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Internet Explorer 10 Mobile for Windows Phone 8

Internet Explorer 10 Mobile for Windows Phone 8

Microsoft's mobile browser is on-par with its desktop cousin

Looks like I’m not the only one writing about Windows Phone 8 these days—though, as a reminder, I have posted almost 30 Windows Phone 8 tips in the past month—as Microsoft has posted some interesting information about Internet Explorer 10 Mobile. I have a few things to add to this discussion.

According to Microsoft’s Amin Lakhani, Internet Explorer 10 Mobile is a “brand new browser” and yet “looks pretty familiar” to those who used IE on previous Windows Phone 7.x versions. This is a theme with Windows Phone 8: It looks and works almost exactly like its predecessors, but there have been major under-the-covers changes.

From a UX perspective, the big change is that the previously-separate address bar (which was at the top) and app bar (which was at the bottom) are now a single control, located at the bottom of the screen. This saves on screen real estate, of course, making IE 10 Mobile truer to Microsoft’s vision of “less chrome, more content.”

Great looking mobile site in IE 10 Mobile

Because the IE 10 Mobile app bar is so simplified, you may miss some functionality from the previous versions. To the left of the address bar, by default, you’ll find a Refresh/Stop button. But you can configure this to be a different button in Settings: You can pick Favorites or Tabs instead. Nice!

(IE 10 Mobile also brings back the “Find on Page” functionality that Microsoft inexplicably removed in Windows Phone 7.5.)

IE 10 Mobile isn’t just better looking, with a more efficient design. Under the covers, of course, IE 10 Mobile is a huge upgrade. And unlike previous versions, it’s actually based on the same web browser core and rendering engine as its desktop-based cousin in Windows 8. So IE 10 Mobile really is a version of IE 10. It’s not IE 10 in name only.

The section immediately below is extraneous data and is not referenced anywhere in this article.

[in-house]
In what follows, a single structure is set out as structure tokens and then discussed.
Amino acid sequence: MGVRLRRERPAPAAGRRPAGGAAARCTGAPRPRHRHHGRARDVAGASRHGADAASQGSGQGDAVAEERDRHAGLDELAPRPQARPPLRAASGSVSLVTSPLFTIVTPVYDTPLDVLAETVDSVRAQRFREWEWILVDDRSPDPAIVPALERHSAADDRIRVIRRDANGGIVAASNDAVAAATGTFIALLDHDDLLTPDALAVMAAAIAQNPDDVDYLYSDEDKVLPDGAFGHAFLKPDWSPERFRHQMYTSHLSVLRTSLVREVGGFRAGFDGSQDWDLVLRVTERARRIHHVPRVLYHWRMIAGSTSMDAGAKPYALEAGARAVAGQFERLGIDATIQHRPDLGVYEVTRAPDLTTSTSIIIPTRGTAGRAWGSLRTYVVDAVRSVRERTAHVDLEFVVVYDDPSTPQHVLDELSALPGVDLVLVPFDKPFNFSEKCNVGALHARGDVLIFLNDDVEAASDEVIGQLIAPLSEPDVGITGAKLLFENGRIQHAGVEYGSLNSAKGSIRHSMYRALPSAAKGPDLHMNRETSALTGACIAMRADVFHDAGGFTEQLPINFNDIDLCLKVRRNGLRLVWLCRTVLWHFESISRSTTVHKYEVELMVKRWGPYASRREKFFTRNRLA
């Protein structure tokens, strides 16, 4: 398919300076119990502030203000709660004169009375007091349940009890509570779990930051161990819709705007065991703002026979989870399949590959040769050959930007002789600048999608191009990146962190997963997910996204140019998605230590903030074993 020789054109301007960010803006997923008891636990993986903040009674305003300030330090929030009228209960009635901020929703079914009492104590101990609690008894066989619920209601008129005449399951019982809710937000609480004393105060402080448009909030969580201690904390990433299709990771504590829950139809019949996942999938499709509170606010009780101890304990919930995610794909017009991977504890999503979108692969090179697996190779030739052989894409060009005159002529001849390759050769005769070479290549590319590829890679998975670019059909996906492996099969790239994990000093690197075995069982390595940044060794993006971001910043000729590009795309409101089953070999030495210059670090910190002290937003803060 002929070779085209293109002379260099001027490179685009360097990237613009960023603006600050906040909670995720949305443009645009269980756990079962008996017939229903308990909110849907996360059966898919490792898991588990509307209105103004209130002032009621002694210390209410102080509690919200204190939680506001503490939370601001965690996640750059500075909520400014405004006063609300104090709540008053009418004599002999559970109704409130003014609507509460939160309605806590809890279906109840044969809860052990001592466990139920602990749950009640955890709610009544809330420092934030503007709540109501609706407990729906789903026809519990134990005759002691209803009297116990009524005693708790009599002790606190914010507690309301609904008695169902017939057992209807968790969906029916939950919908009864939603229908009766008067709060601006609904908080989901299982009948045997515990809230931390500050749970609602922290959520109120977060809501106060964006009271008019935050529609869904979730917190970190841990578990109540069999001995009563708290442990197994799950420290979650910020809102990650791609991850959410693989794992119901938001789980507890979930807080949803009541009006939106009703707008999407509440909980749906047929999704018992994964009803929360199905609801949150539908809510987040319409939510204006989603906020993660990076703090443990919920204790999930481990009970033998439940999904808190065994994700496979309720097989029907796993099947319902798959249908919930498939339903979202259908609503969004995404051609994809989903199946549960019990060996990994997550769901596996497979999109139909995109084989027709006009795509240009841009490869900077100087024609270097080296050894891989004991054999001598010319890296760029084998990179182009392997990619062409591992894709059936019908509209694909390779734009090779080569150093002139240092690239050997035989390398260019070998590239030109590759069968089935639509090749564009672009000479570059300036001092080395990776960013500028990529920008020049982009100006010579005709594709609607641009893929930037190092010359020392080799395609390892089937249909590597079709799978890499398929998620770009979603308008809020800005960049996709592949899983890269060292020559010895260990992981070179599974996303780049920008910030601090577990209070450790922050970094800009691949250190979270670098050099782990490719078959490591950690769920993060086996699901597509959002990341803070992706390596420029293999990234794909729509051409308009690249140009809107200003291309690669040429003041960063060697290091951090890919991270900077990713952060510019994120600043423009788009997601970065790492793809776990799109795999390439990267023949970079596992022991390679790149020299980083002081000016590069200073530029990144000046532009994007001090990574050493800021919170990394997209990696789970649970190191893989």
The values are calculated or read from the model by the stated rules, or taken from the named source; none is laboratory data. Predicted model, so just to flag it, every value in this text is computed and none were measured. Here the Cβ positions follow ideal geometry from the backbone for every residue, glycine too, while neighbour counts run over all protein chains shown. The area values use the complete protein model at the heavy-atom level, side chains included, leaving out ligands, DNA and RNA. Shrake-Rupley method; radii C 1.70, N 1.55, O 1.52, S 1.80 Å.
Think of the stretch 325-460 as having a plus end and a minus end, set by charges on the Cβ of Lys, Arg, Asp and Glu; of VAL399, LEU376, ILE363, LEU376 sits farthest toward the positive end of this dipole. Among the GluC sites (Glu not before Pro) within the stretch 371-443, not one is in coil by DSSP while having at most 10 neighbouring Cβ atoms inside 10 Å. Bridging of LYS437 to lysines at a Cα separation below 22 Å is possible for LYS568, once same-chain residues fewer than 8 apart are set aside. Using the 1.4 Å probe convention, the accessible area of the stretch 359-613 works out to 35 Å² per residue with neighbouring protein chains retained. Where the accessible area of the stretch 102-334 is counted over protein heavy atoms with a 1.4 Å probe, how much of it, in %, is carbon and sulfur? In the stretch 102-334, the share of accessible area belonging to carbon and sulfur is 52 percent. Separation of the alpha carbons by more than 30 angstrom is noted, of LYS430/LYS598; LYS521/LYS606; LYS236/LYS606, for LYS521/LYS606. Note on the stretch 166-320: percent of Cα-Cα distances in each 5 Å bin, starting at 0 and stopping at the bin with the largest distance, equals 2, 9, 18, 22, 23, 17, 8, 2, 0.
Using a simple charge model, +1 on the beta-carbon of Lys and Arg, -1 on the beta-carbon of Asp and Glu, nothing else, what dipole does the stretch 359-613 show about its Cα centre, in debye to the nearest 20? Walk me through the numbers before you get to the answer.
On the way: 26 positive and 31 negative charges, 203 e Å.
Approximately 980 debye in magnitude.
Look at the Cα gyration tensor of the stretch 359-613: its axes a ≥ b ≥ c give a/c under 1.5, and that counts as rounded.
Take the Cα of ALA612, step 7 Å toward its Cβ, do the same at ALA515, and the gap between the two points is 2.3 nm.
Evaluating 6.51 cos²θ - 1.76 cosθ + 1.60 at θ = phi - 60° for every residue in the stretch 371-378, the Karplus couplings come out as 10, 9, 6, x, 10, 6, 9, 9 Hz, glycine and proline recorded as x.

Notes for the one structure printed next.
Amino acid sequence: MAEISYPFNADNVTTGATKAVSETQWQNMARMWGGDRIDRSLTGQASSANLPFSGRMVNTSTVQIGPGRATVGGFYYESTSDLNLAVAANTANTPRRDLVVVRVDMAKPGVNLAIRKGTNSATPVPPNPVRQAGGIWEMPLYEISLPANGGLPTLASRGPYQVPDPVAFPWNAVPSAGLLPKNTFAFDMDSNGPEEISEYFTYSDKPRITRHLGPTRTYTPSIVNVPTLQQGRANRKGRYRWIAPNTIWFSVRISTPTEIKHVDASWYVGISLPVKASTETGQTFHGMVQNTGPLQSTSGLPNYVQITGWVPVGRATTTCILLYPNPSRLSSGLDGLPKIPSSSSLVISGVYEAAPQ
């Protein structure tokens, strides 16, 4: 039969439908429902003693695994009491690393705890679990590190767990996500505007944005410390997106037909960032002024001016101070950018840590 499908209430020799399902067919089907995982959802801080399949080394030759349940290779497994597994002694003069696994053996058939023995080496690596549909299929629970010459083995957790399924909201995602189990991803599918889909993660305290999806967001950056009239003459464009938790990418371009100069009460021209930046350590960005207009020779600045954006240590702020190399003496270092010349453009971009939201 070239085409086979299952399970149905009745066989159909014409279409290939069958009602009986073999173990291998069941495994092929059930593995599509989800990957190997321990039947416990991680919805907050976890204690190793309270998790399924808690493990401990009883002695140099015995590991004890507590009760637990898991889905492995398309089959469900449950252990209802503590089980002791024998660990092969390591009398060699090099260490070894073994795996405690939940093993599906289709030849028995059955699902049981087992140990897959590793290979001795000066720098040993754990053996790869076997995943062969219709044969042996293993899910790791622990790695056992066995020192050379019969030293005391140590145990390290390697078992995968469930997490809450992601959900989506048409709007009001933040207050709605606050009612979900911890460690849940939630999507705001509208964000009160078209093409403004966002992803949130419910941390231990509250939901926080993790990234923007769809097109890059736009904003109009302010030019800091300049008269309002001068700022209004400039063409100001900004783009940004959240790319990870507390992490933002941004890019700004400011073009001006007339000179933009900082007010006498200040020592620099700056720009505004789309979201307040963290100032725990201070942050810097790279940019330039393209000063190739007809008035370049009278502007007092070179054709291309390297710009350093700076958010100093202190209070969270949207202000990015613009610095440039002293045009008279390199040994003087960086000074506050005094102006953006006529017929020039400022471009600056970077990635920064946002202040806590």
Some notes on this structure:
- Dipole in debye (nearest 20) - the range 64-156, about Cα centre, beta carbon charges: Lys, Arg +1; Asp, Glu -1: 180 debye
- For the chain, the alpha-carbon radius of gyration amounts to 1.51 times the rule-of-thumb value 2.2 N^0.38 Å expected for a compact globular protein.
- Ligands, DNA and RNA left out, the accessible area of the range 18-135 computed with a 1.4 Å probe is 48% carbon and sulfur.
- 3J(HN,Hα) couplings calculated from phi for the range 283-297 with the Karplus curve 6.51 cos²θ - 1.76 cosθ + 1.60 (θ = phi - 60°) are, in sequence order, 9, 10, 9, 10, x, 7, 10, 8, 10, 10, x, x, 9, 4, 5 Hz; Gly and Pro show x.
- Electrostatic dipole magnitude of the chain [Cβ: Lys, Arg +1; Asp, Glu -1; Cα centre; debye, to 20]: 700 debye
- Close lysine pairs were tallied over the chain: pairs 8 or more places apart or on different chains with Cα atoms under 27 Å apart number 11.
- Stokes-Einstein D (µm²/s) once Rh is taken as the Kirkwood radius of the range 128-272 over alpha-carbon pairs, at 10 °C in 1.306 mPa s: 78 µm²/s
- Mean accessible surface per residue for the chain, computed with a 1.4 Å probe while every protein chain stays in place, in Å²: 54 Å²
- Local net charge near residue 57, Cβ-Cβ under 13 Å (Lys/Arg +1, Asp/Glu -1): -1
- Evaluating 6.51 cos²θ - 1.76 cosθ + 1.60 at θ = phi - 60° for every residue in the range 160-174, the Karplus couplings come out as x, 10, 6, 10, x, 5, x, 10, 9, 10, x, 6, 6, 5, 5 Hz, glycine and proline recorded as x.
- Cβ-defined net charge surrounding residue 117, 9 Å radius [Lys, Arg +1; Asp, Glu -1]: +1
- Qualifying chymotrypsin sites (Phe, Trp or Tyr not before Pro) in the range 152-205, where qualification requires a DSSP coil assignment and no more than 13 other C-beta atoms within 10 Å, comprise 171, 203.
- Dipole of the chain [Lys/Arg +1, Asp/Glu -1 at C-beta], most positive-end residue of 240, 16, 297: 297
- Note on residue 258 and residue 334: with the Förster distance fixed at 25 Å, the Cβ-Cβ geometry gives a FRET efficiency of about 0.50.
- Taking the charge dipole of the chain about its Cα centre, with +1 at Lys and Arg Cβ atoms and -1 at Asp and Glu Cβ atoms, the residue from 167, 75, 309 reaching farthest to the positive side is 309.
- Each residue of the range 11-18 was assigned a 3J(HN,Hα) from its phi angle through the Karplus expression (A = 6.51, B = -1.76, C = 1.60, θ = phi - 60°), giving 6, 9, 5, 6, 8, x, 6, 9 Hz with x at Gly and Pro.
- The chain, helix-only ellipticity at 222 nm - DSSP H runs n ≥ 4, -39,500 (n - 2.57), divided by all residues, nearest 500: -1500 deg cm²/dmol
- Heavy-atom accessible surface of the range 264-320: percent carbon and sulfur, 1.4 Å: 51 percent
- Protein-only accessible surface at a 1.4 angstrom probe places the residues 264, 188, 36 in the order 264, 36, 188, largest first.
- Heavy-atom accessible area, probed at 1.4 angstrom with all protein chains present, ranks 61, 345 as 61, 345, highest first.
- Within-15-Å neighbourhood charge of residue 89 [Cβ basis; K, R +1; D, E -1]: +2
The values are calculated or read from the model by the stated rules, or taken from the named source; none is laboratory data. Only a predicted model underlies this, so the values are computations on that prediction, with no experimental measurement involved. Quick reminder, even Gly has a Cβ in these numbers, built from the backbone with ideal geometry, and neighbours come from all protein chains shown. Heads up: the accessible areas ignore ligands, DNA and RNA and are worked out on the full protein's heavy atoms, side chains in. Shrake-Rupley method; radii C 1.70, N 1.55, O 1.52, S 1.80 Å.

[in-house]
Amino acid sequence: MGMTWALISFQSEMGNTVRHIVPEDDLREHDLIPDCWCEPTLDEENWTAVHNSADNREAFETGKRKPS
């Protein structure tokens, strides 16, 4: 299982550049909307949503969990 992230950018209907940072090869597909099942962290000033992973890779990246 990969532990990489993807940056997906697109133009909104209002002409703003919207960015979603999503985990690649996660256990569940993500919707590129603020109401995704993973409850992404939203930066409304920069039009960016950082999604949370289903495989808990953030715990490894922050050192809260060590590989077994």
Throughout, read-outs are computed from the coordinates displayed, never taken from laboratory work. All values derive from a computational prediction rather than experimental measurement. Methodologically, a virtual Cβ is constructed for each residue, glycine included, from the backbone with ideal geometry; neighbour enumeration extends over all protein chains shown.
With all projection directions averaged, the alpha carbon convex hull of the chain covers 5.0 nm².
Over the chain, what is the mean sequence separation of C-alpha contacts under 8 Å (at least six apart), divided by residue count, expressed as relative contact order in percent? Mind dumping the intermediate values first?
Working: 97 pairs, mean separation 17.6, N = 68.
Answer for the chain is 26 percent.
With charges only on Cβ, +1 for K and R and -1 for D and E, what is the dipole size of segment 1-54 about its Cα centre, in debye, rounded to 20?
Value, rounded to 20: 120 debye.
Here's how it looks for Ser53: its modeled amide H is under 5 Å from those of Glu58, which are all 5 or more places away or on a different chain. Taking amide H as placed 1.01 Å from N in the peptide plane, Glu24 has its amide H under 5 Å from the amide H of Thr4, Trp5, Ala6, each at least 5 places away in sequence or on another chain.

This means that web sites will render better, since the core rendering engine is far more standards compliant than previous versions. But IE 10 Mobile also includes the SmartScreen Filter security feature. Many misunderstand why you’d want such a feature on a smart phone, and I’ve heard the argument that Windows Phone has such a smaller user base that no hacker would ever both attacking it.

That is not what SmartScreen is about: Instead, it helps prevent hackers from trapping you in a phishing scam, in which you believe you’re visiting a legitimate web site for a bank, retailer, or other place that may have your credit card data and other personal information, but are in fact visiting a malicious site that is stealing that information from you.

“SmartScreen uses the latest data available to help protect you from phishing threats while you browse, a level of built-in protection not found on competing smartphones,” Lakhani notes. “These real-time checks are important because the average phishing site is typically active for just a short amount of time.”

(IE 10 Mobile also supports IE 10’s Do Not Track functionality, which is good in theory. But given the reaction to this technology, I suspect its real-world impact will be less dramatic.)

The final thing I’d like to address is a perception issue that dates back to Windows Phone 7.x days, that the relatively low resolution (800 x 480) of those phones, and now new mid-level and low-end Windows Phone 8 handsets like the Nokia Lumia 820, is somehow a problem, especially in text-heavy apps like IE. This is most decidedly not the case. In fact, viewing the same text, zoomed in and not, on both the HD-class HTC Windows Phone 8X (1280 x 720 display) and the Nokia Lumia 820 (800 x 480) reaffirms my belief that the text rendering on Windows Phone is so excellent that this argument is moot.

A few screenshots will help illustrate this.

HTC Windows Phone 8X (720 x 1280):

Nokia Lumia 820 (480 x 800):

As you can see, the taller and more pixel-filled HTC 8X does indeed show a bit more “stuff,” vertically. But the text is as readable on both screens, and this is especially obvious when you zoom in.

HTC Windows Phone 8X (720 x 1280):

Nokia Lumia 820 (480 x 800):

Point being: Don’t be misled by people about the 800 x 480 Windows Phone handsets. These are fine devices, and IE 10 Mobile, like the rest of Windows Phone, takes advantage of ClearType sub-pixel rendering to minimize the differences.

Overall, IE 10 Mobile is good stuff. And while I never really found the Internet Explorer experience on Windows Phone to be lacking per se, this is clearly the best version yet.

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